BETH 314N/415N Narrative Medicine: Aging, Mental Illness and Cancer
Approved for Global and Cultural Diversity Credit, College of Arts and Sciences; Approved for Humanities Credit, School of Engineering
$3050 (including $200 deposit)
Narrative Medicine, or medicine practiced with narrative skills (as defined by Rita Charon,PhD), is a methodology in patient-centered medical education. Narrative medicine is informed by the theory and practice of reading, writing, telling, and receiving of stories as a clinically empowering practice for anyone engaged (or planning to engage) in the field of healthcare. This course will employ various methods of learning and experiencing narrative, including fundamental skills of close reading and reflective writing and other forms of self-representation. Narrative competence is an important skill that enables a person to “recognize, absorb, interpret, represent, and be moved by the stories of illness”. Major themes throughout the course will include caregivers’ and patients’ empowerment, empathy, narrative ethics, testimony, reflexive writing, and illness and medical stories.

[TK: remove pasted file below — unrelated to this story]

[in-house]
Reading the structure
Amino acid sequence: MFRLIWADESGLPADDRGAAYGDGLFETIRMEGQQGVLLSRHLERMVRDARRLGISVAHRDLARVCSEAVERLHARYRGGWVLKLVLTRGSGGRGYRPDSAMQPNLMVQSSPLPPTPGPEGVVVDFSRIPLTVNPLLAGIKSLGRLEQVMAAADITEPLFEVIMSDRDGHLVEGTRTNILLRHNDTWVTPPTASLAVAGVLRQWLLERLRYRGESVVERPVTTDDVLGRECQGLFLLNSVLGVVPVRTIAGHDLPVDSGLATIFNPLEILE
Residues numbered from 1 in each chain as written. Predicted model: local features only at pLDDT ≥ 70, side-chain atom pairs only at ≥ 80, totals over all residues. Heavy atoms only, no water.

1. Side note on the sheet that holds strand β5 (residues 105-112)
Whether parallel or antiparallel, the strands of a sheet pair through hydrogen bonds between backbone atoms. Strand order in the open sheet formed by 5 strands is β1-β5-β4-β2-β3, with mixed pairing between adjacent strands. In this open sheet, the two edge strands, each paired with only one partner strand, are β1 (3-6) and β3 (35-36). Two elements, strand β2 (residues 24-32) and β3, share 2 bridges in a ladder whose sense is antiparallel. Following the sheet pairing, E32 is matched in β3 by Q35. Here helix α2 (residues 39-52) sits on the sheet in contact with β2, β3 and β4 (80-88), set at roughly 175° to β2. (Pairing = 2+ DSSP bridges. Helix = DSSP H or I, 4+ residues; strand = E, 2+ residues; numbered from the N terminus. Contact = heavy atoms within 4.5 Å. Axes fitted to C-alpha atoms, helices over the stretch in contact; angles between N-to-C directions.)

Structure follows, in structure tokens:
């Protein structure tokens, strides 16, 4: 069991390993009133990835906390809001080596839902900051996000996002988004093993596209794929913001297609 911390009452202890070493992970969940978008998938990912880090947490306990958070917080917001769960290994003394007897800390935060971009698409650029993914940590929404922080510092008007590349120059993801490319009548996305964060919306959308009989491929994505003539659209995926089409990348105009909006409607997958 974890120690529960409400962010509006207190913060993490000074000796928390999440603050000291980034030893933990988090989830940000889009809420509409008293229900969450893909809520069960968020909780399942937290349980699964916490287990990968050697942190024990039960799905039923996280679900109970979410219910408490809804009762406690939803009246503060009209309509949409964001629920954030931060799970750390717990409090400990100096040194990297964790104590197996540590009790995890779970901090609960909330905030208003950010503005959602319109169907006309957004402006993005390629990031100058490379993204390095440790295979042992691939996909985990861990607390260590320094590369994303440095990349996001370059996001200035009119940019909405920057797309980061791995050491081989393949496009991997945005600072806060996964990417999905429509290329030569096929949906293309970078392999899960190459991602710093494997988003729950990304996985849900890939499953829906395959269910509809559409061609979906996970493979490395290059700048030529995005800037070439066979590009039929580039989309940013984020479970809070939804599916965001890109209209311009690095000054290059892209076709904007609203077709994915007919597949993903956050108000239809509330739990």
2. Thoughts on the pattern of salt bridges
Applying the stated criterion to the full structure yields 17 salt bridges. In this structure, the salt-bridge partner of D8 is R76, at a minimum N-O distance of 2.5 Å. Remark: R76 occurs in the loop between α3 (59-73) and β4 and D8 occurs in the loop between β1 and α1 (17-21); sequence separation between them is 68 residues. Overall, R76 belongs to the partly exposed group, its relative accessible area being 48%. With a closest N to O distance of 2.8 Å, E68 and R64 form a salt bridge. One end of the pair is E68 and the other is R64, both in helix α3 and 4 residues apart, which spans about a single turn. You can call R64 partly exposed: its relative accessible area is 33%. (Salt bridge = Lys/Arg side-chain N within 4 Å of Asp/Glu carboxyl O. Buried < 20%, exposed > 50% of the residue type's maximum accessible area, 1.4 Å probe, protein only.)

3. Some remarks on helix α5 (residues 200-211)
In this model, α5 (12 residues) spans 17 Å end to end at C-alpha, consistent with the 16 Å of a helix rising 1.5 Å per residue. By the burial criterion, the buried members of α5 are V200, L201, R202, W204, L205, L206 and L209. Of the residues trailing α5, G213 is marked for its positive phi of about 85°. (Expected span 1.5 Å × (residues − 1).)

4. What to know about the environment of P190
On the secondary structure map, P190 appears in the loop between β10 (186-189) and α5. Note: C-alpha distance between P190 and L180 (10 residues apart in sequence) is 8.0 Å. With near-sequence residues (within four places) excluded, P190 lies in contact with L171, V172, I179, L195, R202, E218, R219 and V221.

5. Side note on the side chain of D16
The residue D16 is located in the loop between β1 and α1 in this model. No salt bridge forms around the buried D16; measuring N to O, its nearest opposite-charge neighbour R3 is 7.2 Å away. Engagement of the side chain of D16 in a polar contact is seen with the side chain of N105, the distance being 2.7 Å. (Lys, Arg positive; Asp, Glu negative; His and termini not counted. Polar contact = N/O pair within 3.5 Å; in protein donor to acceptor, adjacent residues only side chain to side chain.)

The course will be conducted in a seminar-type format. Each session will have readings that relate to the theory of narrative (primarily from the Charon textbook but also from other sources in the Ethics and Humanities professional literature) and related health humanities. Many of the sessions will also include the application of close reading of short stories and reflective writing. Additional elements will be use of film, music, poetry and visual art. This class is open to graduate students in any humanities or healthcare field and will be especially useful to those who intend to have a future career in which direct care of patients/clients is a part of their work.